On this page you can find information about how I set up my terrariums and my approach to general care and maintenance.


When I first started keeping snakes there wasn't the choice of ready made terrariums that there is today and so I built my own terrariums from melamine with sliding glass doors. The melamine was good at holding temperature and if you took care not to damage the surface and sealed all the edges with silicone they held up very well to moisture too. The one big drawback with melamine was the weight of the finished terrariums.

Here is an
image taken in 1994 of part of my set up in England using melamine and sliding glass door terrariums.

All my terrariums in Sweden are built using Form-Ply (an epoxy coated plywood) and hinged glass doors.
Form-Ply has good thermal qualities, withstands moisture very well and is lightweight.
I like the fact that with a hinged door the whole front of the terrarium can be open rather than half at a time that you get with sliding glass doors.

Below is an image of part of my current set up in Sweden.

form ply terrariums

All my terrariums are heated using ceiling mounted heat panels that are controlled by Pulse Proportional, Day/Night Thermostats.

Daylight lighting on all my terrariums is Arcadia jungle dawn full spectrum LED's.
I have also fitted low intensity red LED strip lights that can be dimmed to a very low level and I use these at night when feeding and for occasional night time viewing. At all other times these red lights are off.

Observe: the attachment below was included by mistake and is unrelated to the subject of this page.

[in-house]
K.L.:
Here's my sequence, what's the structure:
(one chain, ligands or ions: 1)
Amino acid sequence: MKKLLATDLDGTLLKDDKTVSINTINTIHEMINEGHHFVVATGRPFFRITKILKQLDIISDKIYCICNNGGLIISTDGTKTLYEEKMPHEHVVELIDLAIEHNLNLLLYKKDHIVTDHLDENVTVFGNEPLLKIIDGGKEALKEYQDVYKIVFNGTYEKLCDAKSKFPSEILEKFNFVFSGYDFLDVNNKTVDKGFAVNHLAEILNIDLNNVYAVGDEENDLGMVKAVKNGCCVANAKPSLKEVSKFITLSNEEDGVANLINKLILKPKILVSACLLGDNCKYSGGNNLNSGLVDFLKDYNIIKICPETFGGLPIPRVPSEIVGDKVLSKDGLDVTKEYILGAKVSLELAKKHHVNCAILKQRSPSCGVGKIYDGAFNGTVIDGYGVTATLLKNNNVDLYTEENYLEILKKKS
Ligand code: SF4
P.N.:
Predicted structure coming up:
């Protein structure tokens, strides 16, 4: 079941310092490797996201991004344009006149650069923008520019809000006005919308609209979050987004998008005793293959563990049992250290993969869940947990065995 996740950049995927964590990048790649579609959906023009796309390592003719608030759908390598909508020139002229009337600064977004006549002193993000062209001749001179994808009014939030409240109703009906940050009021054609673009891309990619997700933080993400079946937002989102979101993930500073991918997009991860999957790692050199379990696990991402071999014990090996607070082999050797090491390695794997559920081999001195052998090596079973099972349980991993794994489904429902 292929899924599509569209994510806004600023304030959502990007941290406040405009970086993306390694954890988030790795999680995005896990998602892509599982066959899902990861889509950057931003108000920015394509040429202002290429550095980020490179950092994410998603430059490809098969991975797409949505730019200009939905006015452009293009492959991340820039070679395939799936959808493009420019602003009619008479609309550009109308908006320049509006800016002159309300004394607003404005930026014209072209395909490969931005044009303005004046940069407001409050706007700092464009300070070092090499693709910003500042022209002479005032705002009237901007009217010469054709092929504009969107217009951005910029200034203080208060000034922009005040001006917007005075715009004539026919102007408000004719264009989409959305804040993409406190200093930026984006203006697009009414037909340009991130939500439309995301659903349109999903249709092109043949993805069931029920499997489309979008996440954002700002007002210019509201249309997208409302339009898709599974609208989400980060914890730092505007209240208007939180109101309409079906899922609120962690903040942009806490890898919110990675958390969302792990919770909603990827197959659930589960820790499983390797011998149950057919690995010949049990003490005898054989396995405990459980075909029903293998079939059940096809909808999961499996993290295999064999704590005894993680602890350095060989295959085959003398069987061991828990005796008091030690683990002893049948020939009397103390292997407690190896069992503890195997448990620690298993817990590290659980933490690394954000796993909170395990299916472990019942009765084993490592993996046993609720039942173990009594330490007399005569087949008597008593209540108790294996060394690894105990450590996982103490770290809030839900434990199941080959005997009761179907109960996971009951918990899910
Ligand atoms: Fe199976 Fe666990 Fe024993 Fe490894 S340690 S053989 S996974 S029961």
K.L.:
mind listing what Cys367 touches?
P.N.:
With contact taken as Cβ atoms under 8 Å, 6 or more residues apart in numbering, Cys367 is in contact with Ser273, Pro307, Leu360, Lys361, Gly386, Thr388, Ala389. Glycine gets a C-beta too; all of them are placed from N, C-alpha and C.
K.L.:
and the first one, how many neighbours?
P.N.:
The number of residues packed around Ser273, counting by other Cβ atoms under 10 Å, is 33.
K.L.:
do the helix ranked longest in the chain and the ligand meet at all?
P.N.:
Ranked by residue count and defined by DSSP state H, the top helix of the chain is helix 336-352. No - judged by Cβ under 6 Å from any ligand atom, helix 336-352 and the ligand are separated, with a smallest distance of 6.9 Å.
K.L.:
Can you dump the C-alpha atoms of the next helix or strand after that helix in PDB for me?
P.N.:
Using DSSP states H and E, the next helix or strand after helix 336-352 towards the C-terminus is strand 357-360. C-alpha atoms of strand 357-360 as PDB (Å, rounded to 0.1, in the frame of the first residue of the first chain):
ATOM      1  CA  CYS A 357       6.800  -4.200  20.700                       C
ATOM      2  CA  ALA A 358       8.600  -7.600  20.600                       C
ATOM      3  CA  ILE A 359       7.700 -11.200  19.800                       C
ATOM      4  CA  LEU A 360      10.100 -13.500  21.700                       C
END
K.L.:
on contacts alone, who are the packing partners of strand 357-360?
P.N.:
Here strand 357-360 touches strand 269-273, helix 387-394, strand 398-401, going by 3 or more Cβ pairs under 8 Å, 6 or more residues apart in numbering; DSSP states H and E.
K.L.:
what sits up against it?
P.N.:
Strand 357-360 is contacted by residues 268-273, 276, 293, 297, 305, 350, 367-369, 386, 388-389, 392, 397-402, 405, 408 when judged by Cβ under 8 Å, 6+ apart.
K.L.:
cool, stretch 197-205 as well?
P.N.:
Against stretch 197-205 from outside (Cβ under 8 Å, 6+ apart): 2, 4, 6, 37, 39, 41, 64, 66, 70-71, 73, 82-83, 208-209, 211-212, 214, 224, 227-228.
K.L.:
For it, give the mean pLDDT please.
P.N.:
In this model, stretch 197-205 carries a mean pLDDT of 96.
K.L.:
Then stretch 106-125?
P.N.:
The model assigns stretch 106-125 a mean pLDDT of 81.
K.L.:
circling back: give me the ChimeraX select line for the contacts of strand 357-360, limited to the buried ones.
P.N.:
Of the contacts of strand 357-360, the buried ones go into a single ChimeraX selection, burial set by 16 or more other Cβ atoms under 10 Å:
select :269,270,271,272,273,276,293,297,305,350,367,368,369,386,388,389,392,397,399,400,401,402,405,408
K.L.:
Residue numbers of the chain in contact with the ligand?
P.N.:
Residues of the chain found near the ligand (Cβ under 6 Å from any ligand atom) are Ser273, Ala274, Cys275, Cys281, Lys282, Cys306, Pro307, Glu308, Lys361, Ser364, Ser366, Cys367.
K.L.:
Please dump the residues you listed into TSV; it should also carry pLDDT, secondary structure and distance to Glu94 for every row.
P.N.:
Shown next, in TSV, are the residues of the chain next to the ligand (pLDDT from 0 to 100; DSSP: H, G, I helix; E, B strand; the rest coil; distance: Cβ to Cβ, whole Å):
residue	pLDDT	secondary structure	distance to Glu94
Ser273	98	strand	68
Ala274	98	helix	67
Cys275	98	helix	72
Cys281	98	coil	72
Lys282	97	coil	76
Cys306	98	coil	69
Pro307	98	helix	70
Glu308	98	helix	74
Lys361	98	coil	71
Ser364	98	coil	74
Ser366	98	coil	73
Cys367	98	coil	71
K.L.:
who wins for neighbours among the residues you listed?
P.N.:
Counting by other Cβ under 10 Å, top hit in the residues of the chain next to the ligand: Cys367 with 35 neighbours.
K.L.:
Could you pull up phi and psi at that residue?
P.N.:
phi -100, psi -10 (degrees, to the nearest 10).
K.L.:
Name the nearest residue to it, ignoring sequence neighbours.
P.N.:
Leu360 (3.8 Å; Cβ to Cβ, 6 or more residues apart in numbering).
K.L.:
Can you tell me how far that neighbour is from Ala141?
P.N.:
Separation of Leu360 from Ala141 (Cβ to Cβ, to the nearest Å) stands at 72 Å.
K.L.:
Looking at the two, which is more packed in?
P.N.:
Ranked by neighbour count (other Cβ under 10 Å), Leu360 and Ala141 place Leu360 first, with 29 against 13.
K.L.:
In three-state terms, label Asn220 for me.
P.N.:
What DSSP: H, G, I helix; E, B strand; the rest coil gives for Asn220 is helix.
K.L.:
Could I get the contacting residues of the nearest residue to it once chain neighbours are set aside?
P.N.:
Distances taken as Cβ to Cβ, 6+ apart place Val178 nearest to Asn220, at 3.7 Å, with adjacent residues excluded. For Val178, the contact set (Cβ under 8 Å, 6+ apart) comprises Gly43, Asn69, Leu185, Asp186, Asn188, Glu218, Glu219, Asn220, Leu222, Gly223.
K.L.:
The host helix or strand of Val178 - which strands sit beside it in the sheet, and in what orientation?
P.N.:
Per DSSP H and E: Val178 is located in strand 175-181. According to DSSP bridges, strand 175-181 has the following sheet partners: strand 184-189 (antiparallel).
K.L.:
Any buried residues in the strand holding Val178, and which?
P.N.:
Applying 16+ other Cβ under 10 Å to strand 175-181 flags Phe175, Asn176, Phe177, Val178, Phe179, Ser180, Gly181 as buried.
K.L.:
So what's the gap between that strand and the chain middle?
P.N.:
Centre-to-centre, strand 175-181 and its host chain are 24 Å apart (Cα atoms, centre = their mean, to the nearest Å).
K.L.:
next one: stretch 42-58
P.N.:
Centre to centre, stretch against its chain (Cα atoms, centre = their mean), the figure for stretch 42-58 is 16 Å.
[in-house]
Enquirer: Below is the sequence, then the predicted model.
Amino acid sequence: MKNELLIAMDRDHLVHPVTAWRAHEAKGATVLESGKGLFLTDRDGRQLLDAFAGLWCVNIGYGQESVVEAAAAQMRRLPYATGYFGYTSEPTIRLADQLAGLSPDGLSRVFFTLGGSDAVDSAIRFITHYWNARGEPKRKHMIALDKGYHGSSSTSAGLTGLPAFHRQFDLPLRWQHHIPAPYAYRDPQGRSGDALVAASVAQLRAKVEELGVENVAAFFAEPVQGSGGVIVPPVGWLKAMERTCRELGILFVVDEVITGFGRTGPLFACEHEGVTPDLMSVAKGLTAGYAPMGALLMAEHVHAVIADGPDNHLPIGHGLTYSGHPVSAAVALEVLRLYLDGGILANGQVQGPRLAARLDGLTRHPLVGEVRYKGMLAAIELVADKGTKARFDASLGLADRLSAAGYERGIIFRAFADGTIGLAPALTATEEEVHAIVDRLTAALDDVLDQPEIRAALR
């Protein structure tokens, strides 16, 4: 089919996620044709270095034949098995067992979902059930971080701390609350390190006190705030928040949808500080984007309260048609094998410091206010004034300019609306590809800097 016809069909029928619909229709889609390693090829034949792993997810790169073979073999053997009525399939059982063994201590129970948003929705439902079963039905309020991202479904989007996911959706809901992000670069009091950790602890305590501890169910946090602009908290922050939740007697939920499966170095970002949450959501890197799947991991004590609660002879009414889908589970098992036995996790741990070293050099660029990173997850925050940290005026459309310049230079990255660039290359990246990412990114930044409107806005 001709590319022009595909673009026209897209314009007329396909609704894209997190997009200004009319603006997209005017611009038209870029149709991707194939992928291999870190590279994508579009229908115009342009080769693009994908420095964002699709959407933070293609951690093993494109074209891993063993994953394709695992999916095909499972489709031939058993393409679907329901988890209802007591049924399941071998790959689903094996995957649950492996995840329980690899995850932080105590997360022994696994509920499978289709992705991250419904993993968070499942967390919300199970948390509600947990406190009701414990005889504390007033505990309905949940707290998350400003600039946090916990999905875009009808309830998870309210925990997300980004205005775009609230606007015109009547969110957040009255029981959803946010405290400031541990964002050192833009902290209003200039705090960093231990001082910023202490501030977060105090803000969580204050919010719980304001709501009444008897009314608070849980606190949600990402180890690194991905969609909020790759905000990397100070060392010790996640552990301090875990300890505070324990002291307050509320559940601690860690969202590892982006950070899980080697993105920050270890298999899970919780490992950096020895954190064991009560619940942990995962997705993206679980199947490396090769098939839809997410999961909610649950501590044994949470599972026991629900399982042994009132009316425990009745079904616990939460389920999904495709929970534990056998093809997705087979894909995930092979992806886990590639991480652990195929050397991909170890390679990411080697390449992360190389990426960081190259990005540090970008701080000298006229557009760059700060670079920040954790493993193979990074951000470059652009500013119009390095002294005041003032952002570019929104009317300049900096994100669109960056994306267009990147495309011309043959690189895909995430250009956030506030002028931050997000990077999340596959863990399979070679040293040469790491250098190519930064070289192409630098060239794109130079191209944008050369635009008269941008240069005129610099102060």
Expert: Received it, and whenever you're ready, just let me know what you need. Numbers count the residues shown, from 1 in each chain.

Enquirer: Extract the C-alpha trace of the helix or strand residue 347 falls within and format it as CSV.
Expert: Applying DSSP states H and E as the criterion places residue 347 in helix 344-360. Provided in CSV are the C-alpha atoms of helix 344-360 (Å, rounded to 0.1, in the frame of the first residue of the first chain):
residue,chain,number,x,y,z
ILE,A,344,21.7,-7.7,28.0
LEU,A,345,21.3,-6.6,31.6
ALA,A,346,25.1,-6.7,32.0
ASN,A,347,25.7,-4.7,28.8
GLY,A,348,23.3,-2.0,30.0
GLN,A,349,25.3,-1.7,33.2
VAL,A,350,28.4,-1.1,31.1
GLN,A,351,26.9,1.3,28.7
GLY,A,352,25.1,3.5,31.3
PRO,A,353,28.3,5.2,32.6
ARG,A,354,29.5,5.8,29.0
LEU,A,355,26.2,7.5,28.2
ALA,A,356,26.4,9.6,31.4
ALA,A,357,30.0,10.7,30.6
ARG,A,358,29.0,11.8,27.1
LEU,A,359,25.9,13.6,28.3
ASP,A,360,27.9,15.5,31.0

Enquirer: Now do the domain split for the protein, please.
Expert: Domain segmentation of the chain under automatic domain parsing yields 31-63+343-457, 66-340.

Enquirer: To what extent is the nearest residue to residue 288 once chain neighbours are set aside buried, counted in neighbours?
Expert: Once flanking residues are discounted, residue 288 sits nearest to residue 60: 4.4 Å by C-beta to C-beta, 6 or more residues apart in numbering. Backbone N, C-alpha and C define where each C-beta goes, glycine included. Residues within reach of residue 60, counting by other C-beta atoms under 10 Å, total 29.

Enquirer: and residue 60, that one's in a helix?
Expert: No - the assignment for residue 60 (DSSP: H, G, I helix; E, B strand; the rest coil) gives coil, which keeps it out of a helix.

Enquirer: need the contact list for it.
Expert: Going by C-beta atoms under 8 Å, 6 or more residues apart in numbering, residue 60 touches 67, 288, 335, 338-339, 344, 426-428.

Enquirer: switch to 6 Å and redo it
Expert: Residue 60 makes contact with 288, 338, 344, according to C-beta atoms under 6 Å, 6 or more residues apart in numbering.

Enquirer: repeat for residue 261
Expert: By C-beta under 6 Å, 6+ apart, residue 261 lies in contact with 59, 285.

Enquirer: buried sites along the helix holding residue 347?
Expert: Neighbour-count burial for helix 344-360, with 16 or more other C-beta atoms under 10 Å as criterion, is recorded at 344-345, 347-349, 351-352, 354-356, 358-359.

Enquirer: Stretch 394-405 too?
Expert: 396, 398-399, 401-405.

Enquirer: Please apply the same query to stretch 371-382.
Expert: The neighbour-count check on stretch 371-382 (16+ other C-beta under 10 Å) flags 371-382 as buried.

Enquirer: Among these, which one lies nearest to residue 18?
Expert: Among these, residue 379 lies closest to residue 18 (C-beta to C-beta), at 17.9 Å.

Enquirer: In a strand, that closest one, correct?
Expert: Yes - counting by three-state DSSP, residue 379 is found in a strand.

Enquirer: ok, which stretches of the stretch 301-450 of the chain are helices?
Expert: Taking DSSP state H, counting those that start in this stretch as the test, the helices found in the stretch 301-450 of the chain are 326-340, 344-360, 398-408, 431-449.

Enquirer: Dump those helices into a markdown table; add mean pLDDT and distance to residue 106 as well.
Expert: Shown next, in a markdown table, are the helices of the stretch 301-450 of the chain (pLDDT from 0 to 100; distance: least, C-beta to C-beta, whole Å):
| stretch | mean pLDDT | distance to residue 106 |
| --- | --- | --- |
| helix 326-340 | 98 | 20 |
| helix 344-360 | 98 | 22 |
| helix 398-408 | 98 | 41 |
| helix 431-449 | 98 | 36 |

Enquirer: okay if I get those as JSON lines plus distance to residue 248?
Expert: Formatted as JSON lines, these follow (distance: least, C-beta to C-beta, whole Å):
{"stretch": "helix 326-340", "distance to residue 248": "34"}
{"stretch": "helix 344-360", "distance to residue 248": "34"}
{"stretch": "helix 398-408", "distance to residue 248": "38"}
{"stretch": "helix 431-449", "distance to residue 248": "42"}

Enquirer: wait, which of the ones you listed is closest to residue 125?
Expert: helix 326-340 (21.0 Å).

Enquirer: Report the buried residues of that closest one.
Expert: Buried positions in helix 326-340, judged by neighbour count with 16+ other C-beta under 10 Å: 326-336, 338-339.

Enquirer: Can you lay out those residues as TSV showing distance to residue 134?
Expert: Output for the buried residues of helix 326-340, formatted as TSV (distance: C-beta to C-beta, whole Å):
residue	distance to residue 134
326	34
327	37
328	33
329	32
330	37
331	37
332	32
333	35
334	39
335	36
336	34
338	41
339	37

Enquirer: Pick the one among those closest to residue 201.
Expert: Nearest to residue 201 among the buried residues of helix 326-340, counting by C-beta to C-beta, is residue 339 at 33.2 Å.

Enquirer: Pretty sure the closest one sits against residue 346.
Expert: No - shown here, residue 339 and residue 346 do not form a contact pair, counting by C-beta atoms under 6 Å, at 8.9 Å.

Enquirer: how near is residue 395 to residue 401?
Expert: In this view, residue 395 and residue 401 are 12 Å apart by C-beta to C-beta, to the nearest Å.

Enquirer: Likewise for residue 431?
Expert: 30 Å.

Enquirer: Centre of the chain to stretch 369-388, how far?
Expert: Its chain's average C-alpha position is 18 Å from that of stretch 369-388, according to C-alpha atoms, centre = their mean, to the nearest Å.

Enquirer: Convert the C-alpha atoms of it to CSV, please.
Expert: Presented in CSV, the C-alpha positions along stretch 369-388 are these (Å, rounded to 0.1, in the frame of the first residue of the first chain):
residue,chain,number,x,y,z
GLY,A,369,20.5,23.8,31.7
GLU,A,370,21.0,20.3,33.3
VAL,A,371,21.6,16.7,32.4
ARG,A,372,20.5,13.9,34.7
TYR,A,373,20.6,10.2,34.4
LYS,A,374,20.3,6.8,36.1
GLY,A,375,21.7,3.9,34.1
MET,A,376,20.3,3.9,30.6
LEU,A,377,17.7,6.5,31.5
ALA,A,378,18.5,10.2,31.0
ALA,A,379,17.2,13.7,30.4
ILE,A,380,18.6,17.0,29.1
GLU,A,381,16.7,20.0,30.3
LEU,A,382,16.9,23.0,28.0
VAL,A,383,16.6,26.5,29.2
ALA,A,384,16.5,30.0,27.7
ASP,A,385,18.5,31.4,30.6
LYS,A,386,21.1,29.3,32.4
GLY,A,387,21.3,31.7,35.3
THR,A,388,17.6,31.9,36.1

In keeping with current thinking within herpetoculture, I am planning on adding and experimenting with UVB lighting in the near future with my collection.

All my terrariums are on a 12hr on 12hr off light cycle. The temperature settings are dependant on species. I provide a year round night time temperature drop for all species. The amount of night drop depends on the time of year.

Here is another image of my current set up in Sweden.

Any young that I produce are kept in a rack system that has back heat supplied by heat mats covering the back wall of the rack. They are again controlled by Pulse Proportional thermostats and have a general temperature of 29.5C at the rear of the tubs and 27.5C at the front with no night drop.

Homemade baby racks
and grow out rack.
All heated with back heat controlled by pulse proportionate thermostats.

reptile rack

The tubs are kept quite basic to allow for easy cleaning and generally have paper towels for substrate with plastic perches, plastic hide boxes with an entrance hole cut in the top, damp sphagnum moss hide box and small glass water bowls.

Basic tub set up for baby terrestrial python, with damp sphagnum filled hide box, plastic hide box, paper towel substrate, water bowl and plastic perch.

I change all my animals water at least a couple of times a week and disinfect all water bowls every two weeks. To disinfect the water bowls, feeding tongs, hooks and to clean tubs/terrariums when needed I use a product called DAX Plus.
I also make an effort to clean water bowls and offer fresh water on feeding days as I have noticed many snakes in my collection will often drink quite heavily immediately after feeding.

With feeding I am a firm believer in the "less is more" approach and think it is better in the long term to grow animals slowly, rather than pushing to gain bulk and body weight as quickly as possible.
Aside from avoiding obesity and all the health issues that can arise from over feeding, I believe there may be another reason to feed less often.

Research into python digestion has shown the intestines and liver grow in size by up to three times their original size after prey is swallowed. These organs begin to shrink in size again after the prey passes through the intestines and return to normal size within the next eight days or so after the prey has been digested.